X.400 is defined using ASN.1, Internet Mail using ABNF

ASN.1 is two things:
  1. A data definition syntax which defines such things as "an integer goes here; this structure contains two strings and an integer, in any order"
  2. A set of encoding syntaxes for transferring ASN.1-defined data over the wire. The oldest, and the only one that is currently used in X.400, is Basic Encoding Rules - BER.
In the following, "ASN.1" is used as a shorthand for "ASN.1 + BER".

To quote some of the debaters over this issue: David Gibson:

But most important of all:
[X.400 is] Defined using an object oriented, recursive language designed for telecommunications - ASN.1.
Builtin support for multiple high performance transfer syntaxes.

Marshall Rose:

combining ASN.1 and high-performance is oxymornonic.

ASN.1 is probably the greatest failure of the OSI effort, it led hundreds of engineers, including myself, to devise data structures that were far too complicated for their own good.

David Gibson:
All the object oriented extensions (true object orientation - not OBJECT-TYPE Macros) of '94 ASN.1 make it a very powerful modelling language. Generating a high performance transfer syntax is a problem for the compiler author - the application designer is focused on other issues.
Carl M. Ellison <cme@tis.com>:
ASN.1 might be an interesting exercise for people who believe LISP is the only real language or who really like to play with abstract syntax or who like to write specs while ignoring implementations (ie., write standards). It's *really* easy to write structure declarations in ASN.1 -- as long as you don't try to implement from them.

However, as one who wants computer programs to be written efficiently and legibly (with small, easy to handle names, allowing complete statements to be expressed in a small space) and to have these programs communicate between machines with different byte ordering -- and almost nothing else -- I find ASN.1 is the *wrong* tool.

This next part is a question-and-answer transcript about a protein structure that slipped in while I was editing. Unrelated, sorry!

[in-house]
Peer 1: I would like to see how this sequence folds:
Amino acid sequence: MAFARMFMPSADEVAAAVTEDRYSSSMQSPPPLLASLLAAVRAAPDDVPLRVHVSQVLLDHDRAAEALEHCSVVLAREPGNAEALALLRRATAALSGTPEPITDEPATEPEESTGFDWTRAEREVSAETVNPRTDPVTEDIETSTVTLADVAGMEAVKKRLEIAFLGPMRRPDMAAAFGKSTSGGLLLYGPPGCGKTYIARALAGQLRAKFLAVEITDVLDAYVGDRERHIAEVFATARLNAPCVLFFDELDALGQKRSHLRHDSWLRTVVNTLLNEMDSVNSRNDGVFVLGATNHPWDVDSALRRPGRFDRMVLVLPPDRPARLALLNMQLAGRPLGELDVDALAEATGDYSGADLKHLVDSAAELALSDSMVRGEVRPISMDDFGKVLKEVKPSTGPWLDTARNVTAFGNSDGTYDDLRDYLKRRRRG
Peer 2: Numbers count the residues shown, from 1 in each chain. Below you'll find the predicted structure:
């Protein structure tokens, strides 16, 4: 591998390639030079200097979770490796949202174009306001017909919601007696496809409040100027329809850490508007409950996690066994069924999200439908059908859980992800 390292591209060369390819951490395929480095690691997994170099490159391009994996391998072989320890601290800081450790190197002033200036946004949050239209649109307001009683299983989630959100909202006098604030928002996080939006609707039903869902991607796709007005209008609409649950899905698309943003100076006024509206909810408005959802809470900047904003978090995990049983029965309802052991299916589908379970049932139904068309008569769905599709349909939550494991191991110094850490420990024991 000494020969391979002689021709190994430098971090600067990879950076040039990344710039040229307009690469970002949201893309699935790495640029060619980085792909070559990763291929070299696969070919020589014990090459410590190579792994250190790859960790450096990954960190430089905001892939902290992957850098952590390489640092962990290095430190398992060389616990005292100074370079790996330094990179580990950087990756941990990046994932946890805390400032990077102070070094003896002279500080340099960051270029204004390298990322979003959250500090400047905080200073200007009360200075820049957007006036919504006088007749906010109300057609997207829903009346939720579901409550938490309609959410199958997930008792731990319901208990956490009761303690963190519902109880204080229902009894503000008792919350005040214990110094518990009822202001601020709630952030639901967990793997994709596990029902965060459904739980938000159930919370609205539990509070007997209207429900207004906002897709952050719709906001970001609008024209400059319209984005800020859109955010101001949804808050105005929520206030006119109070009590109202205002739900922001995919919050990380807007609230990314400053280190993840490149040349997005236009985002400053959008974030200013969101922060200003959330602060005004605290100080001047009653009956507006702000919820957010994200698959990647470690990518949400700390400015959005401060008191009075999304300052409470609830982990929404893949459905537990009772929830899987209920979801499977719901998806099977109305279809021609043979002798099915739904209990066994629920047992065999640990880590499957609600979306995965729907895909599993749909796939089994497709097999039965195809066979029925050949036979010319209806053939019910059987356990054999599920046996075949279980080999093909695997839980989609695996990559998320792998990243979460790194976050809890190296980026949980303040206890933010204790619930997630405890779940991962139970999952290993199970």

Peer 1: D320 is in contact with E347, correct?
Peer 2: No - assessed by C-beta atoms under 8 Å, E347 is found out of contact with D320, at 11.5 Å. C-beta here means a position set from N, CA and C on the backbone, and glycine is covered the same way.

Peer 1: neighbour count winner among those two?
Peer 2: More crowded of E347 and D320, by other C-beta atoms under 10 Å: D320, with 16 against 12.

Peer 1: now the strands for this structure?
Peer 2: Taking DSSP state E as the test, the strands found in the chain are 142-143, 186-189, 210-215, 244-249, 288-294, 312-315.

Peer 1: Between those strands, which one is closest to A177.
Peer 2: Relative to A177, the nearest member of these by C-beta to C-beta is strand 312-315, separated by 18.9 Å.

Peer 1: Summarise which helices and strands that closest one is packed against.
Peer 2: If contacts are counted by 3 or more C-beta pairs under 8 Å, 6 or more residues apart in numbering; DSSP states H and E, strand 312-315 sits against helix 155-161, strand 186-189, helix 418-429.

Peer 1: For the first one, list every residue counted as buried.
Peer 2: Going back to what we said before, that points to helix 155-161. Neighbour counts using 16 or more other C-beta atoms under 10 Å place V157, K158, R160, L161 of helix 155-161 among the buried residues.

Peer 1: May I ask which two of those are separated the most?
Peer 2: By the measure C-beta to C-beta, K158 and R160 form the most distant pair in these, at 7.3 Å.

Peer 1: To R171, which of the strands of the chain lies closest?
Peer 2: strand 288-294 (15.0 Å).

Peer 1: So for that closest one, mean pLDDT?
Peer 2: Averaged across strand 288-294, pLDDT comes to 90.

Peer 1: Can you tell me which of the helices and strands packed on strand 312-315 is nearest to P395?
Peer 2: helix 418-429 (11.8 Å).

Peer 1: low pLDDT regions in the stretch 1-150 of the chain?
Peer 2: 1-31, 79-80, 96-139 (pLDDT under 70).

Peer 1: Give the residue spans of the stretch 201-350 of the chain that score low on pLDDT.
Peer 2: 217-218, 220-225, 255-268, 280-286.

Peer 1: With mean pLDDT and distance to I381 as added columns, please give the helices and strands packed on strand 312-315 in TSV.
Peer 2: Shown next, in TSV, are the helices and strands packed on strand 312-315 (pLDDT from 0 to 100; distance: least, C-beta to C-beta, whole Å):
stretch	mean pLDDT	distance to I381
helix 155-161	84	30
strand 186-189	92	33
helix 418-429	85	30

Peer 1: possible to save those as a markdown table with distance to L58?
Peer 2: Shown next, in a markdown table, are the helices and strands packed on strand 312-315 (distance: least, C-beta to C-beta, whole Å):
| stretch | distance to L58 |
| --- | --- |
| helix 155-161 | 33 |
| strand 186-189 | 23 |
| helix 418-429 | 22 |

Throwing some reality out with the bathwater, when reading the above, consider:

Handling ASN.1

There are other issues with ASN.1 versus a text oriented protocol, such as: On the other hand, one problem with text-based headers is that they're meant to be human readable. Naive humans tend to assume that "if it looks right, it must be gramatically correct" and so generate messages with errors.
The most common case is
  From: John Q. Public <jqp@somewhere.com>
This is illegal according to RFC 822; a dot in a freeform name must be quoted, because a dot is a "special character". But it has become so common that most useful mail software accepts such headers, even though they are not standards-conformant.
(Thanks to Keith Moore <moore@cs.utk.edu> for this example)

But still, this error is a bit easier to spot than the encoding error in the hexdump 01 02 08 00 (an empty bitstring value should be encoded in one octet with zero unused bits in the last byte, not two octets with eight unused bits in the last byte. This, too, comes from real life....).

Last modified: Fri Nov 3 10:15:41 1995